Classic Western Round-Up, Vol. 1 [2 Discs] [DVD]

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Overview

Synopsis

Canyon Passage
The Lawless Breed
The Lawless Breed is based on the exploits of Texas bad man John Wesley Hardin, played here quite convincingly by Rock Hudson. The film takes the Cecil B. DeMille approach of condemning evil by showing as much evil as the censor will allow. After nearly an hour of unrepentant perfidy, Hardin settles down to marry good woman Julie Adams. In middle age, he determines to steer his son clear of outlawry, resulting in a sentimental but non-maudlin finale. Directed by Raoul Walsh, who had given Rock Hudson his first screen role in Fighter Squadron, Lawless Breed was reportedly instrumental in landing Hudson as starring role in George Stevens' Giant (1956). ~ Hal Erickson, Rovi

Kansas Raiders
Having previously played Billy the Kid, Audie Murphy assumes the role of Jesse James in Kansas Raiders. The plot finds Jesse and his brother Frank (Richard Long), together with the Younger Brothers (James Best, John Kellogg and Tony Curtis -- yes, Tony Curtis) joining Quantrill's Raiders. Idolizing Quantrill (Brian Donlevy), Jesse believes that his hero's mission -- to save the Confederacy by sacking Kansas -- is just. Only when it is too late does Jesse discover that Quantrell is little more than a bloodthirsty mercenary. The James and Younger Brothers are depicted as innocent dupes of a madman, which isn't surprising considering how often Hollywood has whitewashed Jesse and Frank in other films. ~ Hal Erickson, Rovi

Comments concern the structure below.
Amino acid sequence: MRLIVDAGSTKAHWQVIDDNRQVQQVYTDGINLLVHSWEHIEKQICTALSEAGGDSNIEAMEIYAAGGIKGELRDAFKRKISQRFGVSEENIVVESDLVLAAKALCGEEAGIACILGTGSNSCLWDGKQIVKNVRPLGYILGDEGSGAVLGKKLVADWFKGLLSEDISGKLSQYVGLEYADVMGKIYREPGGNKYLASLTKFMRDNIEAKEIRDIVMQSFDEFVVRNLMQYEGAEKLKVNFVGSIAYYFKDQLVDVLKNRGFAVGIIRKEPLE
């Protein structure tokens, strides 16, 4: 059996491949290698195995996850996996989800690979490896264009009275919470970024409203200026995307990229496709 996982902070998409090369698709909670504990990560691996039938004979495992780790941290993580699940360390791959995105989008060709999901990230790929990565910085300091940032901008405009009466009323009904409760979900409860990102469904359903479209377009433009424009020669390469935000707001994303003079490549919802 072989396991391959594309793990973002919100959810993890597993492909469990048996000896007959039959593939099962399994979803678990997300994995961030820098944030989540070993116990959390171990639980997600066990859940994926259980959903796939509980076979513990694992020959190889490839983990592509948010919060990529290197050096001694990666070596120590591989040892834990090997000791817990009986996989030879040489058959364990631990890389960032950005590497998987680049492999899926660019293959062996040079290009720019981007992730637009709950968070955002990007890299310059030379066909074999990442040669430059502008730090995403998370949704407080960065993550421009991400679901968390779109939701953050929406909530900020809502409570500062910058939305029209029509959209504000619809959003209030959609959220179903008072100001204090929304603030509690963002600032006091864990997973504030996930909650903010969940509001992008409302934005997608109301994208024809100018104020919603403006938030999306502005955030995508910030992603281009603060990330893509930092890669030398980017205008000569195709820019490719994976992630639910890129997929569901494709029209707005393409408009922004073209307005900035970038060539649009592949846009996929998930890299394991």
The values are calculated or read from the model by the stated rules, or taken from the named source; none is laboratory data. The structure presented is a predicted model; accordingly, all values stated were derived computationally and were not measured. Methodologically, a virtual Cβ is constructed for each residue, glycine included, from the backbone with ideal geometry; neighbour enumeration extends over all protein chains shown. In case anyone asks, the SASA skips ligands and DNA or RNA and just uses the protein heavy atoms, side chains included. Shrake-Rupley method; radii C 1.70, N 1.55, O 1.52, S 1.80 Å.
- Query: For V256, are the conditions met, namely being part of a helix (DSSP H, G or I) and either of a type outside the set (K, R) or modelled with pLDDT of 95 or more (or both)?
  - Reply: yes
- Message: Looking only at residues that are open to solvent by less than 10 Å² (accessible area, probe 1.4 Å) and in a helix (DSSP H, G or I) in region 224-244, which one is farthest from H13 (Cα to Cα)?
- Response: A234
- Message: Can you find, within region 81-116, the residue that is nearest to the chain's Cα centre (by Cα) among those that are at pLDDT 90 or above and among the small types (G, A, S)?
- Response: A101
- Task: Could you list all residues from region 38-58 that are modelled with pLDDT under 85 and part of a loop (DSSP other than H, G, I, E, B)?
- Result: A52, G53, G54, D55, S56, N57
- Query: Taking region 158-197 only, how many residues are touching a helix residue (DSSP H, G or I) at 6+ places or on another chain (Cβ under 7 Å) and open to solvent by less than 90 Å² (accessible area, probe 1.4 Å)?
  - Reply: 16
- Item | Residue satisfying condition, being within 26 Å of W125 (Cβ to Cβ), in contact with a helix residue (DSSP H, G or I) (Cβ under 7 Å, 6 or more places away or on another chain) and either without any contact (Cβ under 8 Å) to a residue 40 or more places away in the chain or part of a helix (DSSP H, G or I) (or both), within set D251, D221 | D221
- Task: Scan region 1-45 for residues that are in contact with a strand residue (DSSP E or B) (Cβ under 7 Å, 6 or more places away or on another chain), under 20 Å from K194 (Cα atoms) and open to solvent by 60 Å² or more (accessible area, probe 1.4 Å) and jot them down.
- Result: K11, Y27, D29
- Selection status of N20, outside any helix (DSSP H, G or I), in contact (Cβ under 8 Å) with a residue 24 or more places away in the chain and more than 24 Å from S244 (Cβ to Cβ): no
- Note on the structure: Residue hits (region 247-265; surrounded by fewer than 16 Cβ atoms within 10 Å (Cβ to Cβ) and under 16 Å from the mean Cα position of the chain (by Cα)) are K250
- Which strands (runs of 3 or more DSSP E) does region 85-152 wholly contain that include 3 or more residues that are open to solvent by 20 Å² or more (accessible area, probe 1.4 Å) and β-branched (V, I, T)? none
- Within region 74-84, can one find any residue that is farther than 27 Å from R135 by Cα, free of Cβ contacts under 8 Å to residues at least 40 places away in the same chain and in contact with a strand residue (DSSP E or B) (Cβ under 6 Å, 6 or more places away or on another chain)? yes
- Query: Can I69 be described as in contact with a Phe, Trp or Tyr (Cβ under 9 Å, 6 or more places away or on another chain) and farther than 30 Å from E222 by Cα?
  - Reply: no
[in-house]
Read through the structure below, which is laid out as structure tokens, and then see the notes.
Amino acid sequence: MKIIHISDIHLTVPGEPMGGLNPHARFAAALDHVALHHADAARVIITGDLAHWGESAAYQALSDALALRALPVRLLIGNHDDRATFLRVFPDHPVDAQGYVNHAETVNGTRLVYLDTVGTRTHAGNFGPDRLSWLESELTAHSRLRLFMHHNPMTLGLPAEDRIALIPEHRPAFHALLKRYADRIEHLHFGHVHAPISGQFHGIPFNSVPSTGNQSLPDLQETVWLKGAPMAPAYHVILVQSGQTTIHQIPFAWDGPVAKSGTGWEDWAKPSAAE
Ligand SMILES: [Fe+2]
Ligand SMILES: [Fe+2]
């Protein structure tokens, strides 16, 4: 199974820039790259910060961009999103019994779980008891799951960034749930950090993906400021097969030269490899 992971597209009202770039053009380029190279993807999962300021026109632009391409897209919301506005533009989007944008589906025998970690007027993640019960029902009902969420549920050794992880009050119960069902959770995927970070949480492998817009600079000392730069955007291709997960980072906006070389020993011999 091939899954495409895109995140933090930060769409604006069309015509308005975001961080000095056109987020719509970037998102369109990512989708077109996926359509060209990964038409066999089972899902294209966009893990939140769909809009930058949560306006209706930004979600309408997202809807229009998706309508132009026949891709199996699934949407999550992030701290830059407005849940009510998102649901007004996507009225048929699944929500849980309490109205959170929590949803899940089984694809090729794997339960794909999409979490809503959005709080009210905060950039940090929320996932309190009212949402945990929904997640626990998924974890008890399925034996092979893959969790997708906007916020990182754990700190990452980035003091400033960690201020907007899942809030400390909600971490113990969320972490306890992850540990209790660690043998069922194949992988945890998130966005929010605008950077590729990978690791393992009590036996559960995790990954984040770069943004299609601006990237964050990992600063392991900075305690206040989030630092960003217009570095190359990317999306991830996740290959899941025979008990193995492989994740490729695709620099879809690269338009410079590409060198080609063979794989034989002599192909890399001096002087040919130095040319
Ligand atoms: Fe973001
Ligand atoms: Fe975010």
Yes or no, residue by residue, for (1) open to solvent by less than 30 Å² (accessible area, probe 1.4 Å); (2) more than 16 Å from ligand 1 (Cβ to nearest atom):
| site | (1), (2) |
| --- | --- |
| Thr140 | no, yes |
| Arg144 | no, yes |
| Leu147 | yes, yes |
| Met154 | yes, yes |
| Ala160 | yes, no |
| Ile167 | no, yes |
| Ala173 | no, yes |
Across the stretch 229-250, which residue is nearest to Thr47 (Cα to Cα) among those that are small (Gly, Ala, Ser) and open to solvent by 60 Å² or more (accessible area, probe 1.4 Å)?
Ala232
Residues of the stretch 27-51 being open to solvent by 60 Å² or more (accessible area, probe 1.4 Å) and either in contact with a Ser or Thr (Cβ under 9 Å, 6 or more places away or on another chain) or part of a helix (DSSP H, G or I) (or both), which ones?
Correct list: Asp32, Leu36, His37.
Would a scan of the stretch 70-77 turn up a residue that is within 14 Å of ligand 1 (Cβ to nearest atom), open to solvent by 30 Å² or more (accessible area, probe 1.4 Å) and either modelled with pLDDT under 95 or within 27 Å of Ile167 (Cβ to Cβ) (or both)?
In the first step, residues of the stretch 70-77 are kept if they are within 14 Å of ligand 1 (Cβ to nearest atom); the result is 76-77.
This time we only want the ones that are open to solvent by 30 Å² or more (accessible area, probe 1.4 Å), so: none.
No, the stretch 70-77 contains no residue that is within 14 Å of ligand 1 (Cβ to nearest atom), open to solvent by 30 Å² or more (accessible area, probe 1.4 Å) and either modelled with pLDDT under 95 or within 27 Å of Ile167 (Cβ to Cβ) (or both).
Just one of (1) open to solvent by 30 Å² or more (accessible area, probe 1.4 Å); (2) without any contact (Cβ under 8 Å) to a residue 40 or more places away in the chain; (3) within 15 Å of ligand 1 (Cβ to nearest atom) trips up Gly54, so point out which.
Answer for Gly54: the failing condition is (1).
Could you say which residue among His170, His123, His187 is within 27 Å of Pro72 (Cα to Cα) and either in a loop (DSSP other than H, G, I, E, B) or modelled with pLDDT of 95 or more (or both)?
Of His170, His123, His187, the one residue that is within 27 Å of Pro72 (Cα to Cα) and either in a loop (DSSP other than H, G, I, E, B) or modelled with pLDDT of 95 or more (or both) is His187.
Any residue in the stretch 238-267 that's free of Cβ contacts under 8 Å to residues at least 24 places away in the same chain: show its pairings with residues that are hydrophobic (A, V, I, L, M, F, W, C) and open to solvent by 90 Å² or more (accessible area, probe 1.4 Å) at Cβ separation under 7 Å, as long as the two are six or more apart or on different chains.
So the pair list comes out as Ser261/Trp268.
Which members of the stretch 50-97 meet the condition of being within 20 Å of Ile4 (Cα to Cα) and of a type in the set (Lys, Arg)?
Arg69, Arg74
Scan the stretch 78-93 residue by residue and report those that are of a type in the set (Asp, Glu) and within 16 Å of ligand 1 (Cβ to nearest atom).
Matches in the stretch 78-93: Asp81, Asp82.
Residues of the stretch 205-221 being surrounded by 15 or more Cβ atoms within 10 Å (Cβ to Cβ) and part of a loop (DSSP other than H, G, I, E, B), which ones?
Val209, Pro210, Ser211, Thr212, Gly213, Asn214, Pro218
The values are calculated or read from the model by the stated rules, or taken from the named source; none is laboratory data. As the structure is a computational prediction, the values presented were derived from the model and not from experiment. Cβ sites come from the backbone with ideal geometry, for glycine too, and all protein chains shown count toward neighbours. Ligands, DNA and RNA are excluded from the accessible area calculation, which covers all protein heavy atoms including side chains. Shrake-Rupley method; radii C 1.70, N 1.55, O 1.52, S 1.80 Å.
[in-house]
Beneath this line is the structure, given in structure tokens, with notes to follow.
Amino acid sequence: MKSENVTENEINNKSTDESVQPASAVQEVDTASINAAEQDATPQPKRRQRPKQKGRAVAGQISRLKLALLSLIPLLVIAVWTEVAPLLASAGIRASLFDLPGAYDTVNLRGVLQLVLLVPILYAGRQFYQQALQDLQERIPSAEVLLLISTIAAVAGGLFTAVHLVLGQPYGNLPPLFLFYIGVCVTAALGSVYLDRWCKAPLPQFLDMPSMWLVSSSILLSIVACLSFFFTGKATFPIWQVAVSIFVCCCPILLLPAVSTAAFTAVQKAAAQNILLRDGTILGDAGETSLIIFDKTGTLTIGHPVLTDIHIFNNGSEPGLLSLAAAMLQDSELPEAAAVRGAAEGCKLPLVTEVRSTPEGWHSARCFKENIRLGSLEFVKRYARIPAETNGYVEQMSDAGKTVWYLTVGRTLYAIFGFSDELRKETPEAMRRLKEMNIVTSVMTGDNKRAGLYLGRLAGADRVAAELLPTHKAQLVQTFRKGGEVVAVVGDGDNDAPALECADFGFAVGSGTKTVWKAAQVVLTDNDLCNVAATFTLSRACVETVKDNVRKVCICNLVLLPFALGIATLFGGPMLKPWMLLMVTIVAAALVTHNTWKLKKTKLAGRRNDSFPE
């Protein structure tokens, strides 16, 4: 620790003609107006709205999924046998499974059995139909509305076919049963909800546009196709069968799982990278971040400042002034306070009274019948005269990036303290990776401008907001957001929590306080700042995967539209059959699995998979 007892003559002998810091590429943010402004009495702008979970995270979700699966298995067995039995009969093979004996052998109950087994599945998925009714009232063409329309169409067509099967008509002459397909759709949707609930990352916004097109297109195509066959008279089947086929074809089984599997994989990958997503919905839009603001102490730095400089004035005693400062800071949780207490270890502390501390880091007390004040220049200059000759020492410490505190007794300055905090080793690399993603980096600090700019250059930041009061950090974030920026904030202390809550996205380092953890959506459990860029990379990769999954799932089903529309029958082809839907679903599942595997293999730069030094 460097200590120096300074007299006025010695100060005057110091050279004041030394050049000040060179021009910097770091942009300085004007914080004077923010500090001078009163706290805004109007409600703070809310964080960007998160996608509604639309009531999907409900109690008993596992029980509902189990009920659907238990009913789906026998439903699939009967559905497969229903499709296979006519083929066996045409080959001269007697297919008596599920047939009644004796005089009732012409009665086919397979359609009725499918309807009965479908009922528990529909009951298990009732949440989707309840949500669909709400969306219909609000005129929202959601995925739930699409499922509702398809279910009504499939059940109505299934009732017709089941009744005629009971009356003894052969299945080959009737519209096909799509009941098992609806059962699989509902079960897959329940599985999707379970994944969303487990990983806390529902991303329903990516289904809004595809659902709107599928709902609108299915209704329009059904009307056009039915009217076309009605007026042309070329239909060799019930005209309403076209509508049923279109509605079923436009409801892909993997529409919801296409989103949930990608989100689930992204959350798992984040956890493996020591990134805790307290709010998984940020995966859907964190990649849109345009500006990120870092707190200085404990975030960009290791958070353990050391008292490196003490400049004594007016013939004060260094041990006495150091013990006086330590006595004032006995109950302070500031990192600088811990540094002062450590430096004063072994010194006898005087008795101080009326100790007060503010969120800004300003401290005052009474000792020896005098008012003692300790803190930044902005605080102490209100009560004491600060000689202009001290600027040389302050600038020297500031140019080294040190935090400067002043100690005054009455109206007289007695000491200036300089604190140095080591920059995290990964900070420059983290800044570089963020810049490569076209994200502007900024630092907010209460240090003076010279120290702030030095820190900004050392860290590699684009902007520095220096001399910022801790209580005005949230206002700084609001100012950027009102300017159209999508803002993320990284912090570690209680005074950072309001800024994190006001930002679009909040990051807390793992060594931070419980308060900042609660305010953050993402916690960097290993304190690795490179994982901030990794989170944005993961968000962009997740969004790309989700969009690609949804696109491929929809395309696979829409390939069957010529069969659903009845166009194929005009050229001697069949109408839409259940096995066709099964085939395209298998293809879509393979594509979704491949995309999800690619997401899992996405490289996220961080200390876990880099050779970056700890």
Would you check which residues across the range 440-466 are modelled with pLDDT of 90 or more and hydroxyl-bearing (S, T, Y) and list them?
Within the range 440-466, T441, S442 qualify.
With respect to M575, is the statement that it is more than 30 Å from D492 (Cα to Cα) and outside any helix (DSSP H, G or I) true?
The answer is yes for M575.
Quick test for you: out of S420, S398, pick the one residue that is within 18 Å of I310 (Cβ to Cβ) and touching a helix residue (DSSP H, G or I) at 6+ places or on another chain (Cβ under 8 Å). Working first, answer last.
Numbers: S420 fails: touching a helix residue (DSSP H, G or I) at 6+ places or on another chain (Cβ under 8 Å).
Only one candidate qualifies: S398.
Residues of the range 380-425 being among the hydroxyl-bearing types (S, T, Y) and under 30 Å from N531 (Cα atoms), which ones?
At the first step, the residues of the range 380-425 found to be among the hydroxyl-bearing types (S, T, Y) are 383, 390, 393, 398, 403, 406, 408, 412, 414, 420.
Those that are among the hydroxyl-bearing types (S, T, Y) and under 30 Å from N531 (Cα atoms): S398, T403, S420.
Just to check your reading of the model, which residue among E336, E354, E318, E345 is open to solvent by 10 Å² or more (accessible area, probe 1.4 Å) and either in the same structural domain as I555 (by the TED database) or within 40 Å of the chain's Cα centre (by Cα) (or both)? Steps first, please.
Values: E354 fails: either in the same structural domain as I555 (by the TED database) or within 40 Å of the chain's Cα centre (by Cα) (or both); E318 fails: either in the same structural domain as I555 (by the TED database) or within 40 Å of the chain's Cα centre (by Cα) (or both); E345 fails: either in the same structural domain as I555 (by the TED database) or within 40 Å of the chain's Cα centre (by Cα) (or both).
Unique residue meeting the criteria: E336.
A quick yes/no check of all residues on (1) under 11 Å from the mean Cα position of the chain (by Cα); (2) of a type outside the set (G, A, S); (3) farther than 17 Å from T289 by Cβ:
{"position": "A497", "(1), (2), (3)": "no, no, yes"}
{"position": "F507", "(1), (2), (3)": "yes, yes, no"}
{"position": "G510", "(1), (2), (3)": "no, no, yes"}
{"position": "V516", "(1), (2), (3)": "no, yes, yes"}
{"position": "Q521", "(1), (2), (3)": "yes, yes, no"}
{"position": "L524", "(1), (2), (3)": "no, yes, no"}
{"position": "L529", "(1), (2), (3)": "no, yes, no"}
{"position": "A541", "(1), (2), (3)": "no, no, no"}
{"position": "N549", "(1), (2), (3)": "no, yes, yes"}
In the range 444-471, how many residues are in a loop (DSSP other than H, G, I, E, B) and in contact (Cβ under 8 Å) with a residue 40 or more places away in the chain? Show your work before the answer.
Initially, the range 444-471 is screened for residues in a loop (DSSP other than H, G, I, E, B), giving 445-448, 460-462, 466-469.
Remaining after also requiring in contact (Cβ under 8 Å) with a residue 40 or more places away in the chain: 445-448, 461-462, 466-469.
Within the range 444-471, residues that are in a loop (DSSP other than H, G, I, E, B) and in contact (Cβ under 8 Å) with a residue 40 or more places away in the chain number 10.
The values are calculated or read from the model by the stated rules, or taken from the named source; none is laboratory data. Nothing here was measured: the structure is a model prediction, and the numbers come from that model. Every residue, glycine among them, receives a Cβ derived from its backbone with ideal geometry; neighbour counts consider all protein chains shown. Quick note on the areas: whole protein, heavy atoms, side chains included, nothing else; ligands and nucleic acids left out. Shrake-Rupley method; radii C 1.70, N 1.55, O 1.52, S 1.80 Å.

The Texas Rangers
Made with the full cooperation of the real-life Texas Rangers (who never met a publicity gimmick they didn't like), this sprawling historical western stars Fred MacMurray as Jim Hawkins, one of three outlaws working the Lone Star State in the years following the Civil War. Both Hawkins and his partner in crime Wahoo Jones (Jack Oakie) decide to go straight, but their bandit pal Sam McGee (Lloyd Nolan) has not quite seen the light. Eventually, Jim and Wahoo join the fledgling Texas Rangers, an organization dedicated to bringing law, order and honest government to their state, while McGee cuts a swath of terror with his new gang. When the two reformed outlaws are assigned to bring in their old friend Sam, Jim balks but Wahoo accepts. In the film's most talked-about scene, McGee smilingly puts a hole through Wahoo's stomach with a gun he has hidden under a table. Now motivated by revenge (although he couldn't say as much in a post-Production Code film), Jim vows to bring McGee to justice, dead or alive, but preferably the former. Released to coincide with the Texas Centennial, The Texas Rangers was remade in 1949 as Street of Laredo; there was also a 1940 sequel, The Texas Rangers Ride Again. ~ Hal Erickson, Rovi

Cast & Crew

  • Dana Andrews
    Dana Andrews - Logan Stuart
  • Ward Bond
    Ward Bond - Honey Bragg
  • Lloyd Bridges
    Lloyd Bridges - Johnny Steele
  • Hoagy Carmichael
    Hoagy Carmichael - Linnet
  • Image coming soon
    Victor Cutler - Vane Blazier

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